When NASA gets ready to launch a rocket, launch teams wait until the Moon and the planets are in the right position in order to reduce how much resistance the rocket will experience and lower the amount of fuel needed to be burned. Players have to time their launch correctly by getting their ball past the rotating planets
To shoot a bullet into space, the bullet has to be traveling over 25,000 MPH to break Earth's gravity, or it will fall back to earth. Players are challenged to get their ball up to the correct escape velocity and trigger a rocket launch.
A rocket orbiting Earth is always being pulled "down" by the forces of gravity. However, the rocket is also moving fast enough around the planet that it is always being pulled "down" around the planet. Astronauts experience weightlessness because they are always falling. Players have to achieve the right speed with their ball to ensure zero gravity and propel the ball around a large loop.
To achieve orbit in space, rockets need the right combination of angle and speed. Too slow and the rocket will fall back towards Earth. Too fast and the rocket will travel into space. Players need to aim their ball at the correct angle and with enough speed to get it into geosynchronous orbit.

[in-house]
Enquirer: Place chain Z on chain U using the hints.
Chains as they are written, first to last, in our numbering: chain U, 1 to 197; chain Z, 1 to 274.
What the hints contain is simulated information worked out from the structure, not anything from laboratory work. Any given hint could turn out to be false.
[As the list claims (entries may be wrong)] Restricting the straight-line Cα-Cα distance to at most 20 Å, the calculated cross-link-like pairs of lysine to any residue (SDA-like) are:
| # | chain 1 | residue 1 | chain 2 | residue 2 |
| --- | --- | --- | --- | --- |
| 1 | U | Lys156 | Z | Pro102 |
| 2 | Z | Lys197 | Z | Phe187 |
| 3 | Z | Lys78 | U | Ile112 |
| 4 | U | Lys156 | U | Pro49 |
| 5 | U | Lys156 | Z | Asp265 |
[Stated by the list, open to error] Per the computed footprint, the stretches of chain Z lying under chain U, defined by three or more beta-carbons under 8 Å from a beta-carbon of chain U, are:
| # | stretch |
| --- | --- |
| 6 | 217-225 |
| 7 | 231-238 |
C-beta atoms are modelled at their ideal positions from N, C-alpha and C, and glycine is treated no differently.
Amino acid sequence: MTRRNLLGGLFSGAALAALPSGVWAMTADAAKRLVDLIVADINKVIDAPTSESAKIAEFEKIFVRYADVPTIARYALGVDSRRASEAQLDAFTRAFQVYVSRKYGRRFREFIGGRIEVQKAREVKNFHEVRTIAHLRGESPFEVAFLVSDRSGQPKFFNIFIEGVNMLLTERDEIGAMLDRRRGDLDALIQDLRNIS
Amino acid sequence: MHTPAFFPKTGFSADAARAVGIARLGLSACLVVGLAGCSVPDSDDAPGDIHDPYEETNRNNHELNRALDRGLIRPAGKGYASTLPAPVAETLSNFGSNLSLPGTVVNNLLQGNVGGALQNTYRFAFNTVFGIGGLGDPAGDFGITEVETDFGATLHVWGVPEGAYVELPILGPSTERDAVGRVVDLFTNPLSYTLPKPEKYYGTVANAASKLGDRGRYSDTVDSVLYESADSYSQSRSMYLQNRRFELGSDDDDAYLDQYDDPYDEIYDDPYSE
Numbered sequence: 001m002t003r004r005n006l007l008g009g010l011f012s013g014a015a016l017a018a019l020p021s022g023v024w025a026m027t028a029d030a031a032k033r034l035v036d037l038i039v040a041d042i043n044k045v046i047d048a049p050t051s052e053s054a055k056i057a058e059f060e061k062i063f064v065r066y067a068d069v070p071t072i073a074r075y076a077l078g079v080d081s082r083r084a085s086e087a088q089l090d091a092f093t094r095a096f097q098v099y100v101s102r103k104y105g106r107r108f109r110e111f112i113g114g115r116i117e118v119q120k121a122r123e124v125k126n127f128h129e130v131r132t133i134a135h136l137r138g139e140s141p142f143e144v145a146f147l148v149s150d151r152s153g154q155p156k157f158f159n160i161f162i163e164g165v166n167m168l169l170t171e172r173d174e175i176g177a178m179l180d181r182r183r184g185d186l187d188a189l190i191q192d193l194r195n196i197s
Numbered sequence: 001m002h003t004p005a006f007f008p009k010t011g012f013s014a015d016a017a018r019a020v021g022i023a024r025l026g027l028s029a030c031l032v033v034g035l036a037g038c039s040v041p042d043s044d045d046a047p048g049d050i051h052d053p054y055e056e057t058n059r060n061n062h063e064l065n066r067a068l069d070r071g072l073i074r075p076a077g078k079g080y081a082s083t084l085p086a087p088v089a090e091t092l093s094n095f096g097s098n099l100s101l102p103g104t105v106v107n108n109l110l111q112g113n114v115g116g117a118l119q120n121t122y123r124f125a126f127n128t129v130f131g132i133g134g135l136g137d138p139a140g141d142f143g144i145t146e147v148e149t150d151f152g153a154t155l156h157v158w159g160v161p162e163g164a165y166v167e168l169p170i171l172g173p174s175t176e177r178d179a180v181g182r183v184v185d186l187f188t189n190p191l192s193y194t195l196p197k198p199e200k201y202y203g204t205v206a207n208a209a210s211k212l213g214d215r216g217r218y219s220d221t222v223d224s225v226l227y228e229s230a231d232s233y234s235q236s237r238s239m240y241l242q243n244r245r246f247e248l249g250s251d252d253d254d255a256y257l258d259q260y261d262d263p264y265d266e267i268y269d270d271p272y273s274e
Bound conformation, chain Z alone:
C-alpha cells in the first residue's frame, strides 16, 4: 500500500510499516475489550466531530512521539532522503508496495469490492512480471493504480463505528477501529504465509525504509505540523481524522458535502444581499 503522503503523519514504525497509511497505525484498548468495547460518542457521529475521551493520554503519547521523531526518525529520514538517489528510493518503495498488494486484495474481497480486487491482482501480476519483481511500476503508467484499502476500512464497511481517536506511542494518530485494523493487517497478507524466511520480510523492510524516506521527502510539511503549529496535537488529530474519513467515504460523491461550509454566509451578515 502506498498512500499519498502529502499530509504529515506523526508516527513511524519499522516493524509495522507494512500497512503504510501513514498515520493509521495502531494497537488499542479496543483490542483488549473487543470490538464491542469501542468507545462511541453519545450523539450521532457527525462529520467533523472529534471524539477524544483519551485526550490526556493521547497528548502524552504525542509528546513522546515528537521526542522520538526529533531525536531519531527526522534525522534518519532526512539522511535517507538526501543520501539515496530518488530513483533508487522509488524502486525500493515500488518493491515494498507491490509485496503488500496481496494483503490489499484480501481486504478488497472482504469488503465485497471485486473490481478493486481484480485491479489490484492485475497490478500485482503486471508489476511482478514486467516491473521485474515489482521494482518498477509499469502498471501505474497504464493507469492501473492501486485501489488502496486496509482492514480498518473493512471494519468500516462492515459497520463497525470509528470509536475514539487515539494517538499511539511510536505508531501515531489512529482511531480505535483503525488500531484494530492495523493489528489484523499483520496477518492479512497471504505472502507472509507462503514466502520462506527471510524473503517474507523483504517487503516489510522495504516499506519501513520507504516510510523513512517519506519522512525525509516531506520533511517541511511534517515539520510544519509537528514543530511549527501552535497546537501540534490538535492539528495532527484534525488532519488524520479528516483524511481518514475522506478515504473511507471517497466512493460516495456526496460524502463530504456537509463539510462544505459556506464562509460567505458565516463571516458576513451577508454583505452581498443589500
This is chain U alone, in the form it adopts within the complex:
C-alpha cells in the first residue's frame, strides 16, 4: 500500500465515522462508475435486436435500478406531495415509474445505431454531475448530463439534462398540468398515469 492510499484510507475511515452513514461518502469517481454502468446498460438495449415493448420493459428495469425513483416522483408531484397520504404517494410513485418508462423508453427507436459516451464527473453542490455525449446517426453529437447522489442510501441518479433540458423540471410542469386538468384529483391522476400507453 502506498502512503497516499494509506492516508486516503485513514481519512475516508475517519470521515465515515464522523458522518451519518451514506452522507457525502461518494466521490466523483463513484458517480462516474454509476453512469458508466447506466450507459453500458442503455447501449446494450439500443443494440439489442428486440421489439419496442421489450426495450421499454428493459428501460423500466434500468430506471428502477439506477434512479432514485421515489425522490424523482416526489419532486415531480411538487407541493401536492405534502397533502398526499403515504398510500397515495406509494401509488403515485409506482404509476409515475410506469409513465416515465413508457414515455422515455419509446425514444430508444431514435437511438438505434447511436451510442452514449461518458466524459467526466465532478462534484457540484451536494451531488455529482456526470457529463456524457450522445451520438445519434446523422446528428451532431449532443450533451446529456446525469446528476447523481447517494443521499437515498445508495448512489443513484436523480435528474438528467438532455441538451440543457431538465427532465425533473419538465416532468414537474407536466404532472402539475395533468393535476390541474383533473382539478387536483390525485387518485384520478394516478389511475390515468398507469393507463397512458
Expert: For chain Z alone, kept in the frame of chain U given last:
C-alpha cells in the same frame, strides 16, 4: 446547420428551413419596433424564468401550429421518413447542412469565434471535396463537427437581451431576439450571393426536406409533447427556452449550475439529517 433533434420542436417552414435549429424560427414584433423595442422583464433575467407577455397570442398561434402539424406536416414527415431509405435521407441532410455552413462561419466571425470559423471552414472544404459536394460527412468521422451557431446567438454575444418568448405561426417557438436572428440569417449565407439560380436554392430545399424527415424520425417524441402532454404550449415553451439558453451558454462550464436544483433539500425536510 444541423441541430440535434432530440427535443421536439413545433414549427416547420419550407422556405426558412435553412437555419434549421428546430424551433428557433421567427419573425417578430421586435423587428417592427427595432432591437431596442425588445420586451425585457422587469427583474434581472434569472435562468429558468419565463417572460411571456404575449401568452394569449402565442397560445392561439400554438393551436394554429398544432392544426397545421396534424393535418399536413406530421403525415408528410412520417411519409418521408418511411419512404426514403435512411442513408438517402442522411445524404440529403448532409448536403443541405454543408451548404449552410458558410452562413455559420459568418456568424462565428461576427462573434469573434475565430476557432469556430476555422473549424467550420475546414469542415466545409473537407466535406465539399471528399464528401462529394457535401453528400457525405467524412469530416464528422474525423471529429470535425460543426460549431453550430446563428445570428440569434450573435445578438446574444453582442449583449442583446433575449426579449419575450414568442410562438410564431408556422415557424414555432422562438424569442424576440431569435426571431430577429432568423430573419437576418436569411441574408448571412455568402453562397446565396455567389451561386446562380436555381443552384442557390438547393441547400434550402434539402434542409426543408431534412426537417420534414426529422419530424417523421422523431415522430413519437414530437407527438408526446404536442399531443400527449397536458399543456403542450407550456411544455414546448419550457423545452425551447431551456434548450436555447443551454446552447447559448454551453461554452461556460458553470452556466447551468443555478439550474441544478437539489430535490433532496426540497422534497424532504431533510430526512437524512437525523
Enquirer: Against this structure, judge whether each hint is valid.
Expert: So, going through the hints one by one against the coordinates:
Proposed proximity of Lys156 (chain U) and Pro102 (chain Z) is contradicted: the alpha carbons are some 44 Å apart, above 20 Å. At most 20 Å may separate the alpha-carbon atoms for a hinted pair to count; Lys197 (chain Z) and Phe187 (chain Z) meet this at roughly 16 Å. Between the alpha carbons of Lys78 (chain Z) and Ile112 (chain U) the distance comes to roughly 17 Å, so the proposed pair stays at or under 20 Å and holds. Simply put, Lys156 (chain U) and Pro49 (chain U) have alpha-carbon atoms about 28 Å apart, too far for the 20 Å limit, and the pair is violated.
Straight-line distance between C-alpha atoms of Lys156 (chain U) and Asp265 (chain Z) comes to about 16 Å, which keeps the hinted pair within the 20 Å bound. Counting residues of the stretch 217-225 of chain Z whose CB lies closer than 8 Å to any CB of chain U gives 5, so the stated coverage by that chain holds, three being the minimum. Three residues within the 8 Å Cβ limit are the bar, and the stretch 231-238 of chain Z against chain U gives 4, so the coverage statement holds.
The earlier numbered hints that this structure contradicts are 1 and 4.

Spaceflight sometimes involves complex and exacting maneuvers in order to dock a spaceship with the orbiting Space Station. At this hole players must putt into one of four space shuttle-shaped targets on a rotating disk in order to reach an International Space Station model
Earth is not the only place that humans litter. Each mission into outer space winds up leaving refuse floating in orbit around the Earth, including tools and hardware. Though small, each item is traveling fast enough to possibly damage a ship. Players have to navigate their ball safely through a collection of spinning junk.
Spacecrafts can use the gravitational pull of a planet to change their course. The advantage for the spacecraft is that it often does not require the use of fuel. This hole challenges players to use gravitational assist—in the form of a curving path around the Moon—to curve the trajectory of their ball in the right direction towards Jupiter.
When a ship returns to Earth, it comes really fast, but the air in the atmosphere slows the ship down. However, if the entry angle is wrong, the ship may not make it back. Players must putt their ball at a proper re-entry angle in order for it to drop successfully back to Earth.
Many spacecrafts are designed for water landings. A parachute slows the craft after it enters the lower atmosphere, and the capsule's construction keeps it afloat for a boat to pick it up. Players will aim to shoot their golf ball across the putting green and into a skee-ball type mechanism with a model of the Earth as its main target.